Entries from December 2013 ↓

Garth vs 2013

Vegan modified

Yes, it’s that time of year. Power outages. New Miley vid. Futile resolutions. And a review of my DELETED comments file. It’s now official. At 284 pages, single-spaced, 12-point type, it’s the most in-depth, complete and exhaustive collection ever of people on this blog describing me as the most bad-assed, incompetent, egotistical, ill-informed mofo ever to terrorize a laptop, and an unsuspecting nation. I am humbled.

And 2013 started off with a tub of bile after I made a bunch of calls about the year to come. Just to refresh your memory, I said:

  • Tea Party zealots would futz Washington, roil markets and create a buying opportunity for investors.
  • Long-term mortgages would rise, as bond markets roiled. Anyone wanting to lock in should do it before autumn.
  • New condos would stutter, with cancelled projects and falling sales. The chill would spread to the detached world.
  • Anyone taking advice from [email protected] to buy bond mutual funds would regret it.
  • The biggest risk with stocks would come in not owning a bunch through a diversified ETF.
  • People hoarding precious metals and toilet paper would find only one of them useful.
  • F would chicken out on more house-cooling measures, declaring the market fixed.

Hmm. Some hits, some misses. As you know, the trouble with predictions is that they often involve the future. As it turned out, Tea Party nutbars did try to derail Obama, shut down Washington and cause global worries about default. But it passed. Equity markets rocked. The bond market got its panties in a knot over tapering (which I assured you would start. It did.). House prices and sales recovered from the 2012 swoon, except the new condo market collapsed. And for every time F said real estate would soft-land, another international report surfaced saying Canadians are house-lusty morons.

So, here are nine things this pathetic blog kept yammering on about during 2013, and how they all turned out.

Mortgage rates: When a 10-year, fixed-rate home loan was available for little more than 3.5% and a fiver for 2.99%, I said grab one. Shall not pass again. And when the snow melted, rates started creeping higher as the bond market pushed yields higher and prices lower. Today a five-year mortgage at the Big 5 is almost a full 1% higher. Hope you listened.

Gold: What an unmitigated disaster 2013 turned out to be for the bullion bunnies, metalheads and doomers who used to flock here like cameras to Rob Ford. The yellow metal plunged dramatically on two occasions and ended the year 27.3% lower than where it started – which was 12% lower than the year before. What did these guys expect? There’s no inflation, no financial crisis and no reason to own precious metals. BTW, more losses are coming.

US equities: All year I told you the American economy was in a slow but relentless recovery. Housing prices, job creation, corporate profits, productivity, consumer spending – it was patently obvious, unless you were blinded by ideology, which seems to be a common disease around here. And with every tick higher, the skeptics predicted a 2008 rerun, only worse. Get a life, I said. Or a dog. And a nice ETF. The results are in, with the Dow up 28.8% and the broadly-based S&P 500 ahead 30.8%. Those people who kept their wealth in the orange guy’s shorts, and widdled out 2% because they feared loss, just lost. And it’s not over yet, by miles.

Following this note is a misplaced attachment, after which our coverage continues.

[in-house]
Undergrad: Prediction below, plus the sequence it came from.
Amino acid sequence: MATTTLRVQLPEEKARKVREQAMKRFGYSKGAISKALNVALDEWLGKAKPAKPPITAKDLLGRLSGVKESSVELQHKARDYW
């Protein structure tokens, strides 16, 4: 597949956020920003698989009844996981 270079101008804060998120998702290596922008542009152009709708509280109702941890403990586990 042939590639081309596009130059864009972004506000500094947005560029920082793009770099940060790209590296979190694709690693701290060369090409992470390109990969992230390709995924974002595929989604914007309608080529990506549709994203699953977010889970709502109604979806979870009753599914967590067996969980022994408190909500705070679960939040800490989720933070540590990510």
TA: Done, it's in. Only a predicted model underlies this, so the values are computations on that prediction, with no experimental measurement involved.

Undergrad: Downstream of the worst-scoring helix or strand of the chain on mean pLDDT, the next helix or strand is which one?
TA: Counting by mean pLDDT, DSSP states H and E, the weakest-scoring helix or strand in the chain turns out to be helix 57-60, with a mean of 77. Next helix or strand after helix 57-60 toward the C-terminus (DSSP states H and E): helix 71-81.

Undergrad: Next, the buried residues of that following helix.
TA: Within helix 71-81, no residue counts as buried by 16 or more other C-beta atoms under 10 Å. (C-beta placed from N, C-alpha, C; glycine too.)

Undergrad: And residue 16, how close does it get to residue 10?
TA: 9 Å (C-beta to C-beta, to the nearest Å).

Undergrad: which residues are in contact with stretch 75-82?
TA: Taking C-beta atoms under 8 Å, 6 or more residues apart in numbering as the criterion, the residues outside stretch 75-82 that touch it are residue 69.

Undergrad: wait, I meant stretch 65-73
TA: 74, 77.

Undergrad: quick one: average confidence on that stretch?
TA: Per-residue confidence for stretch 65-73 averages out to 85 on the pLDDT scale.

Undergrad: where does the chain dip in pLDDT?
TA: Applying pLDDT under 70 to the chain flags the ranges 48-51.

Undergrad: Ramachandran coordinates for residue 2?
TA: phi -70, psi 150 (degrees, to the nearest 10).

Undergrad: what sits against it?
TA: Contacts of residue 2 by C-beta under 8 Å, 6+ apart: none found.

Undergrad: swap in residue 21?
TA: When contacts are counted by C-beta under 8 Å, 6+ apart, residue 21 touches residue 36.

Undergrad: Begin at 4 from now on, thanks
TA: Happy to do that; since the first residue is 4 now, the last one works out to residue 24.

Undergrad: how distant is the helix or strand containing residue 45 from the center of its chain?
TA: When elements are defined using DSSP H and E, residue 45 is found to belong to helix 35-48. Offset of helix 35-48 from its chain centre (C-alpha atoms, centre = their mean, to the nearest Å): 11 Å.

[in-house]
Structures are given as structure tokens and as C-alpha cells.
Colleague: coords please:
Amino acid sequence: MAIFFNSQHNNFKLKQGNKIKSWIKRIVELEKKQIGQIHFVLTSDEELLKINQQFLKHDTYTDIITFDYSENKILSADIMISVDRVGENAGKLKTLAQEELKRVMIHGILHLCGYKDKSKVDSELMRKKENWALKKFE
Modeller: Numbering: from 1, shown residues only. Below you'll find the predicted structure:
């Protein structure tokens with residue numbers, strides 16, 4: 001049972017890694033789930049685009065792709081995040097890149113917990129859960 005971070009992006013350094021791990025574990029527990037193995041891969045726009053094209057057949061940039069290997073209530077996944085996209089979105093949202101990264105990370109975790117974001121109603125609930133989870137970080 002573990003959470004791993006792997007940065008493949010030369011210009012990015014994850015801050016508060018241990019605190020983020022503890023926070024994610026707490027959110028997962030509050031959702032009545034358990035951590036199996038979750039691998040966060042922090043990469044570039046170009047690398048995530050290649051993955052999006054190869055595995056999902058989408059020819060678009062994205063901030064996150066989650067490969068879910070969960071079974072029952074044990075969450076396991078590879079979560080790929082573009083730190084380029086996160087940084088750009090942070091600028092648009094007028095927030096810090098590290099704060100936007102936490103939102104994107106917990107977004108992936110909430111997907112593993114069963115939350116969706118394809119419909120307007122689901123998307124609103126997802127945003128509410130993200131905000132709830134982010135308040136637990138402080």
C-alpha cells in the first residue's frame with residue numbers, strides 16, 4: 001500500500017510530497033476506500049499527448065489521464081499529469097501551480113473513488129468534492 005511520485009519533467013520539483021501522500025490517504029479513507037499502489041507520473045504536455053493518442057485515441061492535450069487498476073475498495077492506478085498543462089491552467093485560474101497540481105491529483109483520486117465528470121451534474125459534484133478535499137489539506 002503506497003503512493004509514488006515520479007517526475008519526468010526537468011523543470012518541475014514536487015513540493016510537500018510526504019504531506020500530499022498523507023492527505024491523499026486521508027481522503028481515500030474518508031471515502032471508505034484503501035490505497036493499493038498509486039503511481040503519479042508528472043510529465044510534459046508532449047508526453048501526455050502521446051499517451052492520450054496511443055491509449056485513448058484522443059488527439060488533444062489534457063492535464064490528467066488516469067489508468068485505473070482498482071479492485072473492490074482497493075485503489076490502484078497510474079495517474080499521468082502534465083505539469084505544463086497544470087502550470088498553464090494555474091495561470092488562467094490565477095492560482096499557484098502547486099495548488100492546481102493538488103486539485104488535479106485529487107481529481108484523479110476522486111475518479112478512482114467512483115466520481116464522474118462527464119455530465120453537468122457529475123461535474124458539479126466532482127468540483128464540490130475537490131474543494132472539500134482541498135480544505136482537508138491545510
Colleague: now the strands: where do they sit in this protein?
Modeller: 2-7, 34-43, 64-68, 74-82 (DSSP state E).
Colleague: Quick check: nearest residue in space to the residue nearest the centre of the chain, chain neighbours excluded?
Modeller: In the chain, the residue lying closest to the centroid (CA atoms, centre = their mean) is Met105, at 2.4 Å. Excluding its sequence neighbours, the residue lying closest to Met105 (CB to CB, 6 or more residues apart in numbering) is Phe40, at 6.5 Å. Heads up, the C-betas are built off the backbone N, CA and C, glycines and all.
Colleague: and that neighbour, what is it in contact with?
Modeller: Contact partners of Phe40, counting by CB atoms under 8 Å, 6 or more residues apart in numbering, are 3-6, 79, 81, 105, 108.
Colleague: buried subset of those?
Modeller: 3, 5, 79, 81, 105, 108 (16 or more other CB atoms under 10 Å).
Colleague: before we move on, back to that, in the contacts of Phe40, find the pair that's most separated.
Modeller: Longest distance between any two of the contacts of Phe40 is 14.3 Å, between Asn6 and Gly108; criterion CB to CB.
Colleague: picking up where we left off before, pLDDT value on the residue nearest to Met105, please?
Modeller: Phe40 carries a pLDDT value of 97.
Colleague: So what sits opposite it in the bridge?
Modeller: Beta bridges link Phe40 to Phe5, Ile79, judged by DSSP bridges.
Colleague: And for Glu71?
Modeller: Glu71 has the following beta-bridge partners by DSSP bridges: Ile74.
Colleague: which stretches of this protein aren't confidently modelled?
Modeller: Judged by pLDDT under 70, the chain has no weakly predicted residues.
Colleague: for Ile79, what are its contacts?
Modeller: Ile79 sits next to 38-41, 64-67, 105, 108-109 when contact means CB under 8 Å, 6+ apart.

US stocks modified

Canadian stocks: A miserable record in the early months, but a great catch-up performance in the second half of the year as money flowed out of US equities looking for value. Investors  ended up with a solid return, as the TSX gained almost 13%. Of course, while poor GIC-holders were getting 2% and paying marginal tax rates on it, equity players earned six times as much and paid 50% less to Ottawa.

Our economy: For a couple of years you’ve been urged here to buy America and sell Canada. US markets (see above) doubled the return of Canadian ones, and house prices in the States have been increasing at the rate of more than 1% a month from dramatic lows hit six years ago. Now the Canadian economy is slagging so badly the Bank of Canada dude has actually used the D-word. Yep, deflation is closer than inflation, and high-profile layoffs are underscoring the fact that while Canada escaped a lot of the GFC grief, it’s now time for pay-back.

Their economy: As mentioned above, the US is absolutely, irrefutable, irrevocably in recovery mode. It ain’t quick, smooth, pretty or conventional. But it’s real and will continue. Let me repeat: don’t bet against America.

The housing market: In 2013, I said I was wrong. I thought Canadians were smarter, but c’est la vie. Sales undulated dramatically, but real estate values finished higher than the year’s starting point.  At just over $390,000, the average house added 9.8% to its worth, and is now double the cost of a similar US home. But there’s a detailed backstory.  Some markets (The Maritimes, SW Ontario, Kelowna, Fraser Valley) are struggling. Others (Montreal, Saskatchewan) are going nowhere, while others (Toronto, Calgary, Van’s saucy bits) bubble away. But even hot markets are segmenting, with condos and high-end sellers begging for buyers while bidding wars happen in the yuppie middle. Pray for them.

What crisis? The biggest story that didn’t happen is the one this blog swore would never occur. There were no bank failures, no stock market meltdowns, no US collapse, no hyperinflation or depression, no credit crunch and absolutely no rerun of 2008. Nor will there be. Those paralyzed by fear missed a solid year of growth, recovery and advance. Let’s hope they learned something.